Whilst they do not put the likes of Beecham and Barbirolli in the shade, Waldhans and his Merry Men play the two Delius pieces with warmth and evident affection. Taken, so to speak, on the andante side of adagio, the lyric quality of the Prelude to Irmelin blossoms, with some rapturously silken string-playing and delicately perfumed wind solos. Whilst hardly a match for Beecham’s Florida Suite incarnation, Waldhans nevertheless paints an attractive La Calinda that would bring a smile to anyone’s face. The only place that he trips up is at the point where Beecham conjures one of his inimitable swaggers. At the lead-in, Waldhans is a tad too heavy on the brake-pedal, and thereby seems to sacrifice the requisite “lift”. But by no stretch of the imagination is this disastrous; it’s merely a blip – and there is so much to enjoy, including some tingling percussion, a serene solo horn, and an overall bewitching sound.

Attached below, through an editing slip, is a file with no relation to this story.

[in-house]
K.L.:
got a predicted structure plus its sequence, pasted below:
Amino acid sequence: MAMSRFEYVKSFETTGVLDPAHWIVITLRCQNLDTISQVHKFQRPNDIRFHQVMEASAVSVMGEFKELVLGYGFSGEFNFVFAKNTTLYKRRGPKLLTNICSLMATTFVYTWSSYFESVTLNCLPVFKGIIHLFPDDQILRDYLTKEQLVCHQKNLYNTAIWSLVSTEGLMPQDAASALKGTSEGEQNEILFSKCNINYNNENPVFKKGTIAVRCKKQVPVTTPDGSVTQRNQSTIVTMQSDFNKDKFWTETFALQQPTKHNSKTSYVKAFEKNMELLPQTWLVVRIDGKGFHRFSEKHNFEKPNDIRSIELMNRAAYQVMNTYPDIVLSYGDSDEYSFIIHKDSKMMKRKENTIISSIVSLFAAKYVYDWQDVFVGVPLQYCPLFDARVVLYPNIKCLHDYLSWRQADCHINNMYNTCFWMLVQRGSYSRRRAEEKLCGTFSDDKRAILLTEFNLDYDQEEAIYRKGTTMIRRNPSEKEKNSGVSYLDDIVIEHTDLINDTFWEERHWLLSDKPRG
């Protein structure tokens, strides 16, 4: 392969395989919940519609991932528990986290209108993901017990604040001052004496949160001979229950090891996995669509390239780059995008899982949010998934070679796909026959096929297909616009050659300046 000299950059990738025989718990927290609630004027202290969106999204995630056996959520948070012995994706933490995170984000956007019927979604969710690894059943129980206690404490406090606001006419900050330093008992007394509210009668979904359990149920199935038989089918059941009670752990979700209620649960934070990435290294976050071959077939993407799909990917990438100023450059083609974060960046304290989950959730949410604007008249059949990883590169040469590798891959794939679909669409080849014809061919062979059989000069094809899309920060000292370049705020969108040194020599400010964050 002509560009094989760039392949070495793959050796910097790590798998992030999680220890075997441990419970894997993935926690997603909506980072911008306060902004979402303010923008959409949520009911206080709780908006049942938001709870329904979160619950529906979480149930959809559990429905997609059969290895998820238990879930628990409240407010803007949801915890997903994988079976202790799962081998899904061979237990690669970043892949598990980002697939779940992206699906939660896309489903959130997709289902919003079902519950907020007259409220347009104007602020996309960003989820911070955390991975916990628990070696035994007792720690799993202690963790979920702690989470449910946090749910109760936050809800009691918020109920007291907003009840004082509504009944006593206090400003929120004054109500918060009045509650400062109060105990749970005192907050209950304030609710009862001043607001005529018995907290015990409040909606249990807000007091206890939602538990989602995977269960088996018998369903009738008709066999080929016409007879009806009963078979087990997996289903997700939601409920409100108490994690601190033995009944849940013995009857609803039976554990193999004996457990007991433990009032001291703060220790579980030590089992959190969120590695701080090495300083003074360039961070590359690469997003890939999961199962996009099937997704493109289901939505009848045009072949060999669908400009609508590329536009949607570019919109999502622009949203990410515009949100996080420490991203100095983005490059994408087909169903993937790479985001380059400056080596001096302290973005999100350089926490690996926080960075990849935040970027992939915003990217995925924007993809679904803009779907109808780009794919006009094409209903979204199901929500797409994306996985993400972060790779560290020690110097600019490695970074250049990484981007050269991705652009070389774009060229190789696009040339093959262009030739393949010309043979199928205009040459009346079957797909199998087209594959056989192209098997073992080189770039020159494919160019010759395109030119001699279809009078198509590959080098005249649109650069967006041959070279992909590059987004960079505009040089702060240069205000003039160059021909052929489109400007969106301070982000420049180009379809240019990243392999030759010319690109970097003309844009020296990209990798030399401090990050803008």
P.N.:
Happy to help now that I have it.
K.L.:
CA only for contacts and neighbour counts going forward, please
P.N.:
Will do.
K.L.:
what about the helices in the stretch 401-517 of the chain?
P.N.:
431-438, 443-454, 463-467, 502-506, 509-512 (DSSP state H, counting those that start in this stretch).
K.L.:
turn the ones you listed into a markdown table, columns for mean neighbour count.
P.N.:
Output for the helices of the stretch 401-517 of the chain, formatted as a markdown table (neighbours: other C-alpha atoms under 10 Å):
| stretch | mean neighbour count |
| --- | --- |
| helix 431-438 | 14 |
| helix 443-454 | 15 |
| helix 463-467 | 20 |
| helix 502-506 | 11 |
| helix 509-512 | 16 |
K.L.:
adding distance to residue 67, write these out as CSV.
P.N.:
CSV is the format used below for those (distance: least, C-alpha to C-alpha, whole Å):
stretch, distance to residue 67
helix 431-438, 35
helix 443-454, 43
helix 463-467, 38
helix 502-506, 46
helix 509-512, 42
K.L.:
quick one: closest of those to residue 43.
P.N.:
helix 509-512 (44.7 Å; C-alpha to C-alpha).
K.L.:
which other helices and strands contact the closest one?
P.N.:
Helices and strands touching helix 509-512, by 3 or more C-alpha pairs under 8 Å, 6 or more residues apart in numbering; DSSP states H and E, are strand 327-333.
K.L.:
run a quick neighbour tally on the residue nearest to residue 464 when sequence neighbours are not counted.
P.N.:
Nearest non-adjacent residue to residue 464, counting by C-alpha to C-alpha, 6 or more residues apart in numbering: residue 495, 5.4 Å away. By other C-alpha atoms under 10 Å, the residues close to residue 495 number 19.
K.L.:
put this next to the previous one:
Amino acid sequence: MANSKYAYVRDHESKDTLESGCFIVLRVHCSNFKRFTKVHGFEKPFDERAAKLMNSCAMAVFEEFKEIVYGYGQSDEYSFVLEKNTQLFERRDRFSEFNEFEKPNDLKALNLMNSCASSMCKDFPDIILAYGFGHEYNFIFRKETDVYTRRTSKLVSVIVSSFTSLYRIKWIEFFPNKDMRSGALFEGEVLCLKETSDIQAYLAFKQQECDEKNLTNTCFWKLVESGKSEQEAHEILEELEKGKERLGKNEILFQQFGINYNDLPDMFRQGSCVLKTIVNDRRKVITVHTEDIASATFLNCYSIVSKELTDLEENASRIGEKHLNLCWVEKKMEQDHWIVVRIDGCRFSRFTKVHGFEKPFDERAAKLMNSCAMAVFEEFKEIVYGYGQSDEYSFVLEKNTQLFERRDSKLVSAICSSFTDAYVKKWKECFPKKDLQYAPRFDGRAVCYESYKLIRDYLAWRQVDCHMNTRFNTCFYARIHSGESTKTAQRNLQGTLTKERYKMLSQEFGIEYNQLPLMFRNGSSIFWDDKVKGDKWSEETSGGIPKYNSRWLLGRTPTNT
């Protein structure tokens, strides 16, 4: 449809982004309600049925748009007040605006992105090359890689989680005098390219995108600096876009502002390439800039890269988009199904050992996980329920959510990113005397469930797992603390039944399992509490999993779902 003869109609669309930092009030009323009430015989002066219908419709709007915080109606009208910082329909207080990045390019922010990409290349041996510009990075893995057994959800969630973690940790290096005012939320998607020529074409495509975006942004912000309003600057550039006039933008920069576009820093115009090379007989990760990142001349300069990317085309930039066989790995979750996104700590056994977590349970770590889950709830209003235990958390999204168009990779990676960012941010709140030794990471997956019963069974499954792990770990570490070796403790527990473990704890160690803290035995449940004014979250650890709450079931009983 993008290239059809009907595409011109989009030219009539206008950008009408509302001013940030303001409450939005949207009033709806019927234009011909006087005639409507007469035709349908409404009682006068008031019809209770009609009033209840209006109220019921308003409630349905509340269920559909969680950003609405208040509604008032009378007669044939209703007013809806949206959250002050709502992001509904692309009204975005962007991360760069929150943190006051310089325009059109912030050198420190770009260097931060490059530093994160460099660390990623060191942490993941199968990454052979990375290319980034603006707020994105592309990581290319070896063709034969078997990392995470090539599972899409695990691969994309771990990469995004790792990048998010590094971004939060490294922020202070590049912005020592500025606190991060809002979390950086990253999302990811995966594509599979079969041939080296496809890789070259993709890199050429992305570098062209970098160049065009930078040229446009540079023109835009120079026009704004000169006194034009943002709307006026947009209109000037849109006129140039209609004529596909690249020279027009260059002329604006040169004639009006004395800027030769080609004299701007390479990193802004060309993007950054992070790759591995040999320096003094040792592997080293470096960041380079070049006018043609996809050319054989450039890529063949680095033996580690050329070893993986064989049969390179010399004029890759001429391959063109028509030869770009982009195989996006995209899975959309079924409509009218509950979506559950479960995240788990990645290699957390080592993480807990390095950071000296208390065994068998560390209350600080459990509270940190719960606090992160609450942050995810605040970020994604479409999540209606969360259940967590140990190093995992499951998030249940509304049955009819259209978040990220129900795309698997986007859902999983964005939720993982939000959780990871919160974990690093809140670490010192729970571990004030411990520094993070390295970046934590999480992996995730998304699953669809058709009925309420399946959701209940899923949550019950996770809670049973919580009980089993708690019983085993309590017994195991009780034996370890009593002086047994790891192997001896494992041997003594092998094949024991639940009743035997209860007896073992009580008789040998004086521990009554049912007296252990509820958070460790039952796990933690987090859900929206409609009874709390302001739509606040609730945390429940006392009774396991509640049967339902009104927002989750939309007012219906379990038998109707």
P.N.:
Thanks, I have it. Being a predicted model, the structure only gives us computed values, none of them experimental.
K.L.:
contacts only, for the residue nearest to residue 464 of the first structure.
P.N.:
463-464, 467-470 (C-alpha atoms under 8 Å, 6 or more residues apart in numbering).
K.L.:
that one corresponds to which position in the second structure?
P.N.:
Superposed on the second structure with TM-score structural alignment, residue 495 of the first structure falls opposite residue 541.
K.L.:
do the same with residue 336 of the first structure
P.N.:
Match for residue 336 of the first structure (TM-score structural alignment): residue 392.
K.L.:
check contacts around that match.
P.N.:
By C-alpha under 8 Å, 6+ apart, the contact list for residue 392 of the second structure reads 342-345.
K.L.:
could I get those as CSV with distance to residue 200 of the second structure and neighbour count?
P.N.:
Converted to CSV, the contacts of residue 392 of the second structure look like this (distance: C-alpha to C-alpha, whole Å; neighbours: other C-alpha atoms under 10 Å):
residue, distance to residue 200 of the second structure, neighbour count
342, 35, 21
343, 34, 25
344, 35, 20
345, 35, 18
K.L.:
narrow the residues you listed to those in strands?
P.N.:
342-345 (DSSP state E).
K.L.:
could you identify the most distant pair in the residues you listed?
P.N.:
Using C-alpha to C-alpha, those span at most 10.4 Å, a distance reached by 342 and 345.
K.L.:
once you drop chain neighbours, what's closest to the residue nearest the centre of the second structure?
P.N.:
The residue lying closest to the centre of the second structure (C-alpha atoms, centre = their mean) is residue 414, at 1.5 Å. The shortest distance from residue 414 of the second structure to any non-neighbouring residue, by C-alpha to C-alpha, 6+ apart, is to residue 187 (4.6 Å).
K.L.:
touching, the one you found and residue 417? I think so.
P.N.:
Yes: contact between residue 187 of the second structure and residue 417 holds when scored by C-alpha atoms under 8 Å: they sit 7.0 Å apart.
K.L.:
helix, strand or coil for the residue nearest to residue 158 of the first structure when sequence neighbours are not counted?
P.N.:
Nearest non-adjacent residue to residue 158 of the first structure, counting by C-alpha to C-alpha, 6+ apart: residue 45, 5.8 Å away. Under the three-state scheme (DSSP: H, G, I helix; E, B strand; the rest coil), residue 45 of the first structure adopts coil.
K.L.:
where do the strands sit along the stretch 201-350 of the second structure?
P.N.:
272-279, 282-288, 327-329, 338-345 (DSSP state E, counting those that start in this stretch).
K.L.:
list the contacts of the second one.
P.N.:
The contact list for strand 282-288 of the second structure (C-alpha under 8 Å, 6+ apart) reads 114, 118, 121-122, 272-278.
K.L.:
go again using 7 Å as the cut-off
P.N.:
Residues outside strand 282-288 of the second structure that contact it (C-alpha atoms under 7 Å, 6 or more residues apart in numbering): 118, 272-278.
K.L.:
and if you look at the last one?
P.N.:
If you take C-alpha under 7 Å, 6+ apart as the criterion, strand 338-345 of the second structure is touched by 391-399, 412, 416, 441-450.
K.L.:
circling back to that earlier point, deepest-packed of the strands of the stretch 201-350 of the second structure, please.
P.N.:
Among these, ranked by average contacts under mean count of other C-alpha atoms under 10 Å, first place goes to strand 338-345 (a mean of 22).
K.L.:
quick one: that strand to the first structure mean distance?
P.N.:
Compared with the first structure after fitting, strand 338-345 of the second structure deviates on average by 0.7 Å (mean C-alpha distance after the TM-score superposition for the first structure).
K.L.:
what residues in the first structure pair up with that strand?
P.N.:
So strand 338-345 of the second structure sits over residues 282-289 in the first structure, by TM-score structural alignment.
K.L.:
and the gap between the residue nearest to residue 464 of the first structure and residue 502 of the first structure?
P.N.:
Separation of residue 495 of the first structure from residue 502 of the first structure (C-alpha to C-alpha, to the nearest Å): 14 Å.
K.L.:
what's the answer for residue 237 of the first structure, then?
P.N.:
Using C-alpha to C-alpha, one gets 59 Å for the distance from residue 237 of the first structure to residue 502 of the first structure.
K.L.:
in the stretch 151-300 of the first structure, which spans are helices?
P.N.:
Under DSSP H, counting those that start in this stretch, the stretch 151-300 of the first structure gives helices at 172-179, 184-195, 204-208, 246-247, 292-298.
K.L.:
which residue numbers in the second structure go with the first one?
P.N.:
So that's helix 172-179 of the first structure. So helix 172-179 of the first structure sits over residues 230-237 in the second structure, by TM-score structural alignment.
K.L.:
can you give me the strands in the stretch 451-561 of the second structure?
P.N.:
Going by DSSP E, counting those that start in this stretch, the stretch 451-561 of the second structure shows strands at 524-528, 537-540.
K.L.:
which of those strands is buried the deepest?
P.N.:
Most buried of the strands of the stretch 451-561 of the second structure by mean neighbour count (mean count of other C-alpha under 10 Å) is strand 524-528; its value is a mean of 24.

Those last two words bring us more or less full circle, for “bewitching sound” is at the heart of this and the other Orchestral Concert CDs. It is only fair to advise you that, to alleviate tape hiss, some mild noise reduction has been applied to extended quiet passages. Listeners with sharper senses might just notice some of the “boundaries” – but I myself find them of no real consequence. The “sound stage” might be just a wee bit too wide for headphone listeners, but the sonic vista spread before you is quite without parallel – unless, that is, you’re in the centre seat of the front row of a concert hall balcony.
It prompts what seems to me (but apparently not to a fair few others) to be an obvious question: why record an orchestra using 30 or more microphones, with the vast amount of attendant expense, complexity, manpower, fuss and palaver (et cetera!), when you can achieve far more impressively and richly realistic results with just two good microphones and (nowadays) a laptop computer? It’s no contest, really, is it?